Land and soil provide feed, fibre, food and fuel, store and filter water, sequester carbon, offer a habitat for billions of organisms and serve as the foundation for our cities and towns. Land and soil are limited resources and yet, they are over-exploited, degraded and irreversibly lost due to inappropriate land management practices, industrial activities and land use changes. The Commission estimates that the area of undeveloped land taken into development exceeds 1000 km2 per year in the EU, with over half of this surface sealed. Increasing land take, loss of soil functions and ecosystem services has been recognised in the EU as one of the major environmental and socio-economic challenges in Europe. In 2006, the EU adopted a Soil Thematic Strategy aiming to protect soil and ensure its sustainable use and in 2011 the Roadmap to a Resource Efficient Europe included the goal of achieving no net land take by 2050.
Since 2014, Milieu has been working on a variety of projects supporting the Commission and the European Environmental Agency in identifying opportunities for protecting land and soil at EU level more effectively. Some highlights of our projects in this area include:
Evaluation of EU Policies and their direct and indirect impact on land take and land degradation (EEA)
The EU’s 7th Environment Action Programme calls for land degradation, including land take, to be addressed. The Roadmap for a resource-efficient Europe states that by 2020 the direct and indirect impacts of EU policies on land use should be assessed.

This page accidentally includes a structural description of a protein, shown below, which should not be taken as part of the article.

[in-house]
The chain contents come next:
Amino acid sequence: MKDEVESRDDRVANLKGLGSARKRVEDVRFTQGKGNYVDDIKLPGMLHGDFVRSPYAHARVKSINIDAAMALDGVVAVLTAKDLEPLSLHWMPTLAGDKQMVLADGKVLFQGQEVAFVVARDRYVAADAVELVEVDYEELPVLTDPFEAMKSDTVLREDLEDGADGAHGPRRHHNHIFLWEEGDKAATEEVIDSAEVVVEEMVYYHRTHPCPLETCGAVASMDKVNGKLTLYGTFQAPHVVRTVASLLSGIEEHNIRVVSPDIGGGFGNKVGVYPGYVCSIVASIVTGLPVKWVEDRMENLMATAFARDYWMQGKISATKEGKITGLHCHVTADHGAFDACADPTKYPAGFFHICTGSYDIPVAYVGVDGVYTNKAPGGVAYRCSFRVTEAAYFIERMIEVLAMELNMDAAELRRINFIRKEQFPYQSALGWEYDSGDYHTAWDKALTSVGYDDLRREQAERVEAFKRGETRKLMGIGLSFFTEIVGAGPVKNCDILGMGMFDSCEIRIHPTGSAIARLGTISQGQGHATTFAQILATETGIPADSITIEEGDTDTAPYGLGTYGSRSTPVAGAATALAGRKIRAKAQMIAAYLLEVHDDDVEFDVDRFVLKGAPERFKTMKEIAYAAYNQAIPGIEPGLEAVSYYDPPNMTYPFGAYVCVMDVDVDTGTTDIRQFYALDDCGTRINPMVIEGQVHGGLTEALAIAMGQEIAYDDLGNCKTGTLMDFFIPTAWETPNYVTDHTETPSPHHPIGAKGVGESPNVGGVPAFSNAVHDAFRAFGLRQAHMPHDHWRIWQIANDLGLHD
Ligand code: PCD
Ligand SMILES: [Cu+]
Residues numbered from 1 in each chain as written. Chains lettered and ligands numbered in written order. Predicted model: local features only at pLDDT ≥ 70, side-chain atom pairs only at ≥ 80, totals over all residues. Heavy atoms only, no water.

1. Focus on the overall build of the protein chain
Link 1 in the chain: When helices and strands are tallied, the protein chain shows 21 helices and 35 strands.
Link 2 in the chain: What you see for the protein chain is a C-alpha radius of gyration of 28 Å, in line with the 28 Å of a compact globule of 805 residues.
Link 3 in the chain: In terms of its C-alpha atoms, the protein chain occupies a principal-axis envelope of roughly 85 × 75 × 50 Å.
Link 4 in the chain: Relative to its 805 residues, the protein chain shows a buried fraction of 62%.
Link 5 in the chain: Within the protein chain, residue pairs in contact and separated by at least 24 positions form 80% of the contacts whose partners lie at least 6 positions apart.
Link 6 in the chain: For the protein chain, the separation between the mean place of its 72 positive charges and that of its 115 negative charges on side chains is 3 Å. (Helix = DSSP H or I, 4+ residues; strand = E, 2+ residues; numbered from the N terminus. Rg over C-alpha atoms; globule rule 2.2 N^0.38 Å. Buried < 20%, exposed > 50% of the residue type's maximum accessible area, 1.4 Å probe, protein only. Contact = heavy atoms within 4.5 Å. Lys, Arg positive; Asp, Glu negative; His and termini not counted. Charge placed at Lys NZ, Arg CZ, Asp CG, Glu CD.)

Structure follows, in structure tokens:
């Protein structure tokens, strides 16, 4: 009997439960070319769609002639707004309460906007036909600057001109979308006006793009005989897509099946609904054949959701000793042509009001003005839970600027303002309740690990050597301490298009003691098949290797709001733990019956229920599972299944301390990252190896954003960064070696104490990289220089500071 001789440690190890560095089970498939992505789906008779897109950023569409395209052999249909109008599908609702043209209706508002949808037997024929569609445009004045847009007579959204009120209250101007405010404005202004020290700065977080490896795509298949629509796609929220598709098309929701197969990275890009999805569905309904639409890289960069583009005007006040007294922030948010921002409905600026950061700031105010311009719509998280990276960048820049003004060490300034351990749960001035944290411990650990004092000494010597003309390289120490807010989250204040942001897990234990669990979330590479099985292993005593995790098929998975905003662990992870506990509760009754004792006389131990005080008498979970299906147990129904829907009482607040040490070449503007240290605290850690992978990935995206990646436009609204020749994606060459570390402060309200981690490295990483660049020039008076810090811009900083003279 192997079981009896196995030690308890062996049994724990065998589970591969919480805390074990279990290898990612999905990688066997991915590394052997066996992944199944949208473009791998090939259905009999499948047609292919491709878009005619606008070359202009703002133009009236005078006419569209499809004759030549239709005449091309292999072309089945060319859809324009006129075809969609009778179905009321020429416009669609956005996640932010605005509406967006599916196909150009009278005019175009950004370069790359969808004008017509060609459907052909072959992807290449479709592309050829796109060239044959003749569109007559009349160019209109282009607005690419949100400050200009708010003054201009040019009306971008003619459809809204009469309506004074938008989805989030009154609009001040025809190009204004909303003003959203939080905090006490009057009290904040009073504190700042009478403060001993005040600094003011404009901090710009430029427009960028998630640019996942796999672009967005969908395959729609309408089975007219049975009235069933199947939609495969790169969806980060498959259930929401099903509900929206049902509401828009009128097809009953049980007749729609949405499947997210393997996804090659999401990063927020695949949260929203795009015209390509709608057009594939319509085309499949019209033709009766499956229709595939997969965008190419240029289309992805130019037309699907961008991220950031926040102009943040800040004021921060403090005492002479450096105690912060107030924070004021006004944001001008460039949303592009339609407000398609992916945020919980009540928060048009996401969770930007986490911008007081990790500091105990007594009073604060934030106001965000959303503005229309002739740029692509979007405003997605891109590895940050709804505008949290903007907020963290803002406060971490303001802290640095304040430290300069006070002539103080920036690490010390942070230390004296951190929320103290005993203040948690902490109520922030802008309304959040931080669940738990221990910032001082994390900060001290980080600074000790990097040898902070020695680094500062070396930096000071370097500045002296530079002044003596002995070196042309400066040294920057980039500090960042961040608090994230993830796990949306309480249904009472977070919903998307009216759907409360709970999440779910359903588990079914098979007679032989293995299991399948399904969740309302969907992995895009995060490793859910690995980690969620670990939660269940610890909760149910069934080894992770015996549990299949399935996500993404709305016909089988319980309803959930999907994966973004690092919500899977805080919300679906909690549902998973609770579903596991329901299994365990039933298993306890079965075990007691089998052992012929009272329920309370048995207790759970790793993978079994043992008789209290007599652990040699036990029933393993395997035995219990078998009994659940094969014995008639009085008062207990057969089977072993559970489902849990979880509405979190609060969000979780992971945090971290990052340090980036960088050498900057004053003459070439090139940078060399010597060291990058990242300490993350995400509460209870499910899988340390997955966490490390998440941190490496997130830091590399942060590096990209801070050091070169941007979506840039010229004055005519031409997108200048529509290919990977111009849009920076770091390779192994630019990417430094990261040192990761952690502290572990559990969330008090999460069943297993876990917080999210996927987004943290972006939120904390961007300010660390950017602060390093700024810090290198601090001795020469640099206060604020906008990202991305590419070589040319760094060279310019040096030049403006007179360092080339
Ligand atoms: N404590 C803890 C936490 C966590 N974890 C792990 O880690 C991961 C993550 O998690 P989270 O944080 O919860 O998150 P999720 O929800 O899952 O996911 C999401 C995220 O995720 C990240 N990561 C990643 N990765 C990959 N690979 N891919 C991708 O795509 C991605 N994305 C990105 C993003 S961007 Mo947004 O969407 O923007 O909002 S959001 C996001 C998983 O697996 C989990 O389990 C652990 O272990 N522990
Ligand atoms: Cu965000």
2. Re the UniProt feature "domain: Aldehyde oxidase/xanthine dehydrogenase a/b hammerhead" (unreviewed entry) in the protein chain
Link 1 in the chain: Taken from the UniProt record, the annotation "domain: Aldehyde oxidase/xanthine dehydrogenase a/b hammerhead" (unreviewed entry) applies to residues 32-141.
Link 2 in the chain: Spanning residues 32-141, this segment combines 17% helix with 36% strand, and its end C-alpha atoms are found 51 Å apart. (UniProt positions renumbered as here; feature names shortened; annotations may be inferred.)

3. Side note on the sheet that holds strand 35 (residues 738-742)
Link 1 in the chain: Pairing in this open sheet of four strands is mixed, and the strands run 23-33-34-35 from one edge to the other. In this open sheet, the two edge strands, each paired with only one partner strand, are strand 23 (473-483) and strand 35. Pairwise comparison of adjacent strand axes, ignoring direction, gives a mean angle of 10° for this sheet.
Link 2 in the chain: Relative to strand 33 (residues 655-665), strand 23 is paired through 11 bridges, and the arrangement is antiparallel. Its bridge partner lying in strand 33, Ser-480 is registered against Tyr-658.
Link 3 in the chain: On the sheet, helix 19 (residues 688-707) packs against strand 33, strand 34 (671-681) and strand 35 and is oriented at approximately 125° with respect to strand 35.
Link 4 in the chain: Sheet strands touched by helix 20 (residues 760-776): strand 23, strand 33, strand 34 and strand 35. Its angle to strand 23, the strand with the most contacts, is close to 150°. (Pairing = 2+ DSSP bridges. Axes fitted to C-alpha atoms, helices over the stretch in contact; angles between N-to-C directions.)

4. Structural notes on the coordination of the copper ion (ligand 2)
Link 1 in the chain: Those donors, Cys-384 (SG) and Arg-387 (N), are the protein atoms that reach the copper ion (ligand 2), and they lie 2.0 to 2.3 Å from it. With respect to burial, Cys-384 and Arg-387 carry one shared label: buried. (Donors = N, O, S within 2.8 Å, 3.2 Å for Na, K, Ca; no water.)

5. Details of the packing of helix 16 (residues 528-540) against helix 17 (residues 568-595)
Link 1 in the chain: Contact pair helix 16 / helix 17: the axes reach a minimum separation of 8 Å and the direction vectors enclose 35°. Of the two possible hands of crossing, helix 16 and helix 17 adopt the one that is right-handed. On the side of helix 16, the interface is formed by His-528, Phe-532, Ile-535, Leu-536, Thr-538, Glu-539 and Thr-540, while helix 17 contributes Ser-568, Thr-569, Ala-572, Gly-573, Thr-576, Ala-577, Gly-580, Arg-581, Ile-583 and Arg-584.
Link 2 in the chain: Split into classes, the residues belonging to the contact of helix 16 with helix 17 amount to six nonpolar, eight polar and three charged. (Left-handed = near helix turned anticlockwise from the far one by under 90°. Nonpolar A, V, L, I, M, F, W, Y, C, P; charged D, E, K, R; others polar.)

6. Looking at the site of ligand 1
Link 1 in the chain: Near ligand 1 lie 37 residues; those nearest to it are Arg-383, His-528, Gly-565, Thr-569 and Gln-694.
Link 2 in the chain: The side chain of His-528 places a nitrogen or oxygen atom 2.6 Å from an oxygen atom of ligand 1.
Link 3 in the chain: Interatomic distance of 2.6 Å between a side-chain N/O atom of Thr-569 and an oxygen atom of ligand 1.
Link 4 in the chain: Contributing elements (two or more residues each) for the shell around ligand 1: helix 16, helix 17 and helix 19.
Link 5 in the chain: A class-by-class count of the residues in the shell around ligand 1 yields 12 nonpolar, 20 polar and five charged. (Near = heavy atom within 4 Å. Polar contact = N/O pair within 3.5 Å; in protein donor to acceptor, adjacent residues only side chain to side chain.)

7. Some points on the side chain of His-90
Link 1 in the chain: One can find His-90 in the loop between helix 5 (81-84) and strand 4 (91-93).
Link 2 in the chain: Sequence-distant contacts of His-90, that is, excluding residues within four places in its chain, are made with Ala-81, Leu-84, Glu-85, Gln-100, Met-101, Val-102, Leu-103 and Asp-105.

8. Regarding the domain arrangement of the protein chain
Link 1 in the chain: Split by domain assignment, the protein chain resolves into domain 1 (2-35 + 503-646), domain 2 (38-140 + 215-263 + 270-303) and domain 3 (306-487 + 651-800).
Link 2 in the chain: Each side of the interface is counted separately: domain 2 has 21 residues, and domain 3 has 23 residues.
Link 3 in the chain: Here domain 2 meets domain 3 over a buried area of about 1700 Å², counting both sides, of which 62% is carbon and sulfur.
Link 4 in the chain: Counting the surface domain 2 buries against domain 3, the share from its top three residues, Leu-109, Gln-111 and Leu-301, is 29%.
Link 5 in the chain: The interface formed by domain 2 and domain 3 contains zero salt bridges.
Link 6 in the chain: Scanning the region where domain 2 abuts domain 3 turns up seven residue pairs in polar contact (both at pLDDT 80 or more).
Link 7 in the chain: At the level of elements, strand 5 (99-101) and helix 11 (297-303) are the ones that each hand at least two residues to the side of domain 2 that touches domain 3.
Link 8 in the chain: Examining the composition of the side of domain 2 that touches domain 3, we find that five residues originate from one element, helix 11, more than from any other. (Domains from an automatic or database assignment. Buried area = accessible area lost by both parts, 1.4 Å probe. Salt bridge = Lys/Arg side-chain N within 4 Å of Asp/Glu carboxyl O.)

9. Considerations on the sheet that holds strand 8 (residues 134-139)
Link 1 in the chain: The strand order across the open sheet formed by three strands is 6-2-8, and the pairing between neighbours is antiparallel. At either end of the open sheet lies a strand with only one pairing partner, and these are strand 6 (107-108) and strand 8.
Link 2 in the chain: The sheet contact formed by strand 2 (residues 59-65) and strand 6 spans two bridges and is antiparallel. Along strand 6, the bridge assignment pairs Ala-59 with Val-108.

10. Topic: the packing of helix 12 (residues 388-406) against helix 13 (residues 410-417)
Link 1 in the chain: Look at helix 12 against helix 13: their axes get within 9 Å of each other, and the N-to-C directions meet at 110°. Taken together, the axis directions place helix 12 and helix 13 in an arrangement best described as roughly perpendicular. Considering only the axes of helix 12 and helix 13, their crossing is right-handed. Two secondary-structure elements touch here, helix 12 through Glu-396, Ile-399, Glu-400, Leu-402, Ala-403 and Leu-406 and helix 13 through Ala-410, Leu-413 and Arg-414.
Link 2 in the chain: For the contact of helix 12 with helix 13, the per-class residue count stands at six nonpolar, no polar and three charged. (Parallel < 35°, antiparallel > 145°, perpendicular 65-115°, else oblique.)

Milieu led this study and carried out a pilot assessment of Cohesion Policy, transport policy, energy policy, the Common Agricultural Policy and nature conservation and water management policies. In addition, Milieu experts carried out in-depth assessments of the impacts of EU Cohesion Policy and Transport policy in Member States, via case studies of Poland and of Andalusia, Spain. The case studies investigated how EU policy implementation interacts with national policy and institutional contexts at different administrative levels.
The loss of soil fertility and the consequent massive use of expensive external nutrient inputs, notably nitrogen and phosphorous, means it becomes increasingly difficult for European crop production to remain competitive in the global market. Therefore, more sustainable crop management strategies are needed to maintain or increase soil fertility. Inappropriate soil and water management and the overuse of external inputs in intensive crop production systems represent an economic loss for the farmer and a significant burden for the environment, and can have a subsequent impact on human health. SoilCare (a research project funded under the EU Horizon 2020 programme) aims to identify and evaluate promising crop management strategies and agronomic techniques increasing profitability and sustainability across Europe.
Since 2016, Milieu has been leading the policy work in SoilCare. Milieu contributes to this work by assessing the shortcomings and opportunities of promoting wider uptake of these practices through the existing policy landscape at EU level and across the 16 European countries represented in the project.
Implementation of land and soil-related Sustainable Development Goals at EU level (led by Wageningen Environmental Research for DG Environment)
Land and soil play an important role in many of the Sustainable Development Goals (SDGs) adopted by the UN in 2015. This is especially the case in SDG 15, which aims to ‘Protect, restore and promote sustainable use of terrestrial ecosystems, sustainably manage forests, combat desertification, and halt and reverse land degradation and halt biodiversity loss’.
In early 2019, Milieu started working on a study for DG Environment tracking the progress of the implementation of land and soil-related Sustainable Development Goals at EU level. As part of this project, Milieu is developing an analysis of the state of play of implementation of land and soil-related SDGs in the EU and is organising a conference to provide a platform for exchange of best practices between the Commission, Member States, civil society and economic sectors.